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At my company, we are considering rewriting our business logic and database to have a better architecture after years of organic and unforeseen growth, leading to the inevitable maintenance nightmare.

The business model is one where a, let's say, cookie flows through multiple steps, changing states along the way. It is received raw, gets cooked, and is potentially split into two or more smaller cookies depending on the order. At this point, one of two things could happen: one, the cookie or cookies are considered finished and sent out to the customer, or two, the cookies requires outside processing (adding icing, adding food coloring, cutting to a design (there is no theoretical limit to an outside processing change to a cookie but it always changes the physical properties)), from which it is sent straight to the customer or back to us for shipment. The customer can reject the cookies if they don't find them to their standards, and we can then store and attempt to resell the cookies to a less discerning customer and/or send them to outside processing again as per the customer's whim.

The way our system currently works is initially assigning it a Raw Cookie number, then baking and/or cutting it and assigning the resulting cookie(s) a Finished Cookie number, one for each cookie. However, there is no common ground between any types of Cookies, resulting in a lot of extra code.

I'm trying to propose an object-oriented approach. I am fresh out of college while my coworkers are close to 30 or more years older than me; they know little about it and some are hesitant to change, so my model has to be pretty solid. I have worked with it academically, but never practically, and especially not when monitoring the form of a flow of a specific object. I may be a bit off in my understanding, but I believe OO is the best choice for this problem.

I have a UML diagram showing my proposed class hierarchy. Each kind of cookie that can be instantiated has access to a function that turns it into the next step's cookie. Is this a correct way of doing it? Would it be better to have these toCookie() functions accessed through the static abstract Cookie class?

Don't worry too much about inherited method placement, I'm just trying to understand how objects transform here.

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    I'm going to go ahead and say that the Object Orientation is almost certainly not the best choice here. Functional processing pipelines work far better in this kind of scenario. All that considered, Gregor's answer is excellent, and basically in line with what I just said. – Ptharien's Flame May 10 '14 at 7:04
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Generally I would not burden the cookies with responsibilities for managing their subsequent state (in your own words: "a function that turns it into the next step's cookie").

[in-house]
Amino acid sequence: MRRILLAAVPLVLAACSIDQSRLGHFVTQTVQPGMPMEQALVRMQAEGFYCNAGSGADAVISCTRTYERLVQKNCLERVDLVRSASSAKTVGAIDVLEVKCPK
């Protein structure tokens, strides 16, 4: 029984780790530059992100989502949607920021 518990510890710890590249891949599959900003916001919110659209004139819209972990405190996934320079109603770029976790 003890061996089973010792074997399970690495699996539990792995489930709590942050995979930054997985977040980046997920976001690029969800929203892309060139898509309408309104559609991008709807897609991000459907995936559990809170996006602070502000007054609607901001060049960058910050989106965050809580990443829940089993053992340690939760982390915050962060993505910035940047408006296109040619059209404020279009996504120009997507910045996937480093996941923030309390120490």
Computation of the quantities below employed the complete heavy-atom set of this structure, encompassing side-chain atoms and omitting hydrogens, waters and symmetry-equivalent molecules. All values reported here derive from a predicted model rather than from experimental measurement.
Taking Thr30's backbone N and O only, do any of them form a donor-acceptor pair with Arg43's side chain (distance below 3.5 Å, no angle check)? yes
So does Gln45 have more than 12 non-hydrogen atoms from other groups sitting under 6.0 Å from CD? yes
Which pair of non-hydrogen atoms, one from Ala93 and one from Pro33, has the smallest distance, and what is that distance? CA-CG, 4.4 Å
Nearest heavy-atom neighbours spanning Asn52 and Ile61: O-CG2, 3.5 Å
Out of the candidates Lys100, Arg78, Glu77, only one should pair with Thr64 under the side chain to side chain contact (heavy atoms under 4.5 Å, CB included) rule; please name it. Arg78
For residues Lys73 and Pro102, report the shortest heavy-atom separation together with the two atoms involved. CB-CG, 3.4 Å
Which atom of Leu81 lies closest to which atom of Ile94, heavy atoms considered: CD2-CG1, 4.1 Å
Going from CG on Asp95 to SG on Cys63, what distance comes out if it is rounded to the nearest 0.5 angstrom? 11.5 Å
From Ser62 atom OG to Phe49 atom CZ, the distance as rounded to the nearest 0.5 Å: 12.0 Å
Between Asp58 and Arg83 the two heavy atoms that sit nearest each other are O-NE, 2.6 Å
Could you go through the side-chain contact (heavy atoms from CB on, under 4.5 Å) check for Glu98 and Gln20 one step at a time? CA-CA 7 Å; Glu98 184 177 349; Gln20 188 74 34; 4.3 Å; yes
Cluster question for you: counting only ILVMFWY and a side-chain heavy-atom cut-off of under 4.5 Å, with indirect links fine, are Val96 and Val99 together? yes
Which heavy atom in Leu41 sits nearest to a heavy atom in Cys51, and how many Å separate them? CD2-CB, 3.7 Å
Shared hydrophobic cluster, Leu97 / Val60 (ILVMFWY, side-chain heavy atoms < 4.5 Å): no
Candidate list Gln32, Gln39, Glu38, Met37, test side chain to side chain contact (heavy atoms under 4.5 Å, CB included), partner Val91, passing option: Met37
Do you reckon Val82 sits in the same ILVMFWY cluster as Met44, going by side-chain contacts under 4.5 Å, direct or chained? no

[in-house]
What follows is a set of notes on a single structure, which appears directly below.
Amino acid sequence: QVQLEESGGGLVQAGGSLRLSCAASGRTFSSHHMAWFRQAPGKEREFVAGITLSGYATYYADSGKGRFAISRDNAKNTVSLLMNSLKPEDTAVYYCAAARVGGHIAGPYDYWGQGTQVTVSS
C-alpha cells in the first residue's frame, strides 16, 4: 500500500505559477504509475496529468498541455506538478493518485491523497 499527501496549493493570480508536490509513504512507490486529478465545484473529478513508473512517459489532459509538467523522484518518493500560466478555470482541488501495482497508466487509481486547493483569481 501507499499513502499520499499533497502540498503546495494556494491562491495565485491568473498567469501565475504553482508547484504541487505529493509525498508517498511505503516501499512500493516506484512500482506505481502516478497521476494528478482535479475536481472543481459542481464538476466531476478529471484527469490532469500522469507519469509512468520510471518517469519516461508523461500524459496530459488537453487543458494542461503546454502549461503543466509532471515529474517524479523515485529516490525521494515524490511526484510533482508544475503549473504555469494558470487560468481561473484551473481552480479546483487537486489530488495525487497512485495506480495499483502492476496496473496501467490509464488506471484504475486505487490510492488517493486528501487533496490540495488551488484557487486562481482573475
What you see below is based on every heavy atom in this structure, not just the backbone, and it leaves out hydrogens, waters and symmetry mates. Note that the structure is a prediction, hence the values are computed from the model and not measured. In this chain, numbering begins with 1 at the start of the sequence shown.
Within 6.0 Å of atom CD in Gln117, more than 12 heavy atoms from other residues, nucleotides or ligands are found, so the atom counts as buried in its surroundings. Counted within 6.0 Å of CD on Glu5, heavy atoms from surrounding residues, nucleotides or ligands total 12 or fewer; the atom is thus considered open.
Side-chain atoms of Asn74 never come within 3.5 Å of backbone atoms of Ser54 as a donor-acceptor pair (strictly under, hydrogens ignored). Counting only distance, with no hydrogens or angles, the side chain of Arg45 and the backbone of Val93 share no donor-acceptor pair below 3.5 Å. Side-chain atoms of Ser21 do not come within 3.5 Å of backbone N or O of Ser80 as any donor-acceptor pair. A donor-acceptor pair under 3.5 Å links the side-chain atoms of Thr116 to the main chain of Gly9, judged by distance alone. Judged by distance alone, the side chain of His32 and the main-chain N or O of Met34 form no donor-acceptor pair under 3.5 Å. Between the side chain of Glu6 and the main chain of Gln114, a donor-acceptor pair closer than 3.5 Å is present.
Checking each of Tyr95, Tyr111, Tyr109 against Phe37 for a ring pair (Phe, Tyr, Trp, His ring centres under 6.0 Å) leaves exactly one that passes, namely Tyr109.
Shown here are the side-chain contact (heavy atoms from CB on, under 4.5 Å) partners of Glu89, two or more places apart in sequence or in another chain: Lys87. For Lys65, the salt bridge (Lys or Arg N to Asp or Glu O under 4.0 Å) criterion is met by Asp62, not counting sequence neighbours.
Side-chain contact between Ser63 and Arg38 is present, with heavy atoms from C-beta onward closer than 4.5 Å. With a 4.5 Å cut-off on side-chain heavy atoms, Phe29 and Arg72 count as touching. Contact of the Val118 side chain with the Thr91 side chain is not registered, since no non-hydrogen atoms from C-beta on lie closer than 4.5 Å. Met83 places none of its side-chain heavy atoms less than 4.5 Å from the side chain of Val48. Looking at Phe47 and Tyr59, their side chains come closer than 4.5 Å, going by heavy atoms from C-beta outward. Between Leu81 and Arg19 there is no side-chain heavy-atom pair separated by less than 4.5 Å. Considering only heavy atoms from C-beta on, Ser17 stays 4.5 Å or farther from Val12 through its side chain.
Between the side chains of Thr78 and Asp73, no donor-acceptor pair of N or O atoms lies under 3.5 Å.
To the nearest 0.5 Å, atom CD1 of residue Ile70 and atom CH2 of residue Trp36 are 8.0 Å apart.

Instead split the design into:

  • business objects (cookies of different types)
    • these would be passive data containers, e.g. something to store in DB
  • business process steps (cookie factories to transform cookies)
    • A RawCookieFactory that creates raw cookies from thin air
    • A FinalCookieFactory that creates one (or more) final cookies fron a raw cookie
    • An OutSideCookieProcessor adding embellishments to a final cookie
    • etc.
  • business process controller (at least one ...)

There should be plenty of frameworks available to implement something like that (depending on implementation language, etc.) ...

  • This answer is great! – Ptharien's Flame May 10 '14 at 7:05
  • I haven't ever worked with factories before, but from a metaphor standpoint it seems like the right way to go. Not too sure what a "business process controller" is, though, do you mean something in line with a Model View Controller wherein there's a separation of what manipulates what is performed? – Bret May 12 '14 at 19:27
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    @Bret: yes, it's a lot like the controller in MVC. The cookies are the domain objects that are processed; the factories implement the knowledge of how to process the domain objects (cookies); the controller(s) embody the process of deciding on when to apply which factory to a given domain object (cookie). Of course, the process could also involve human invention (e.g. via a GUI), then the controller would provide hooks to call from the GUI code, ... – Gregor Ophey May 12 '14 at 19:37

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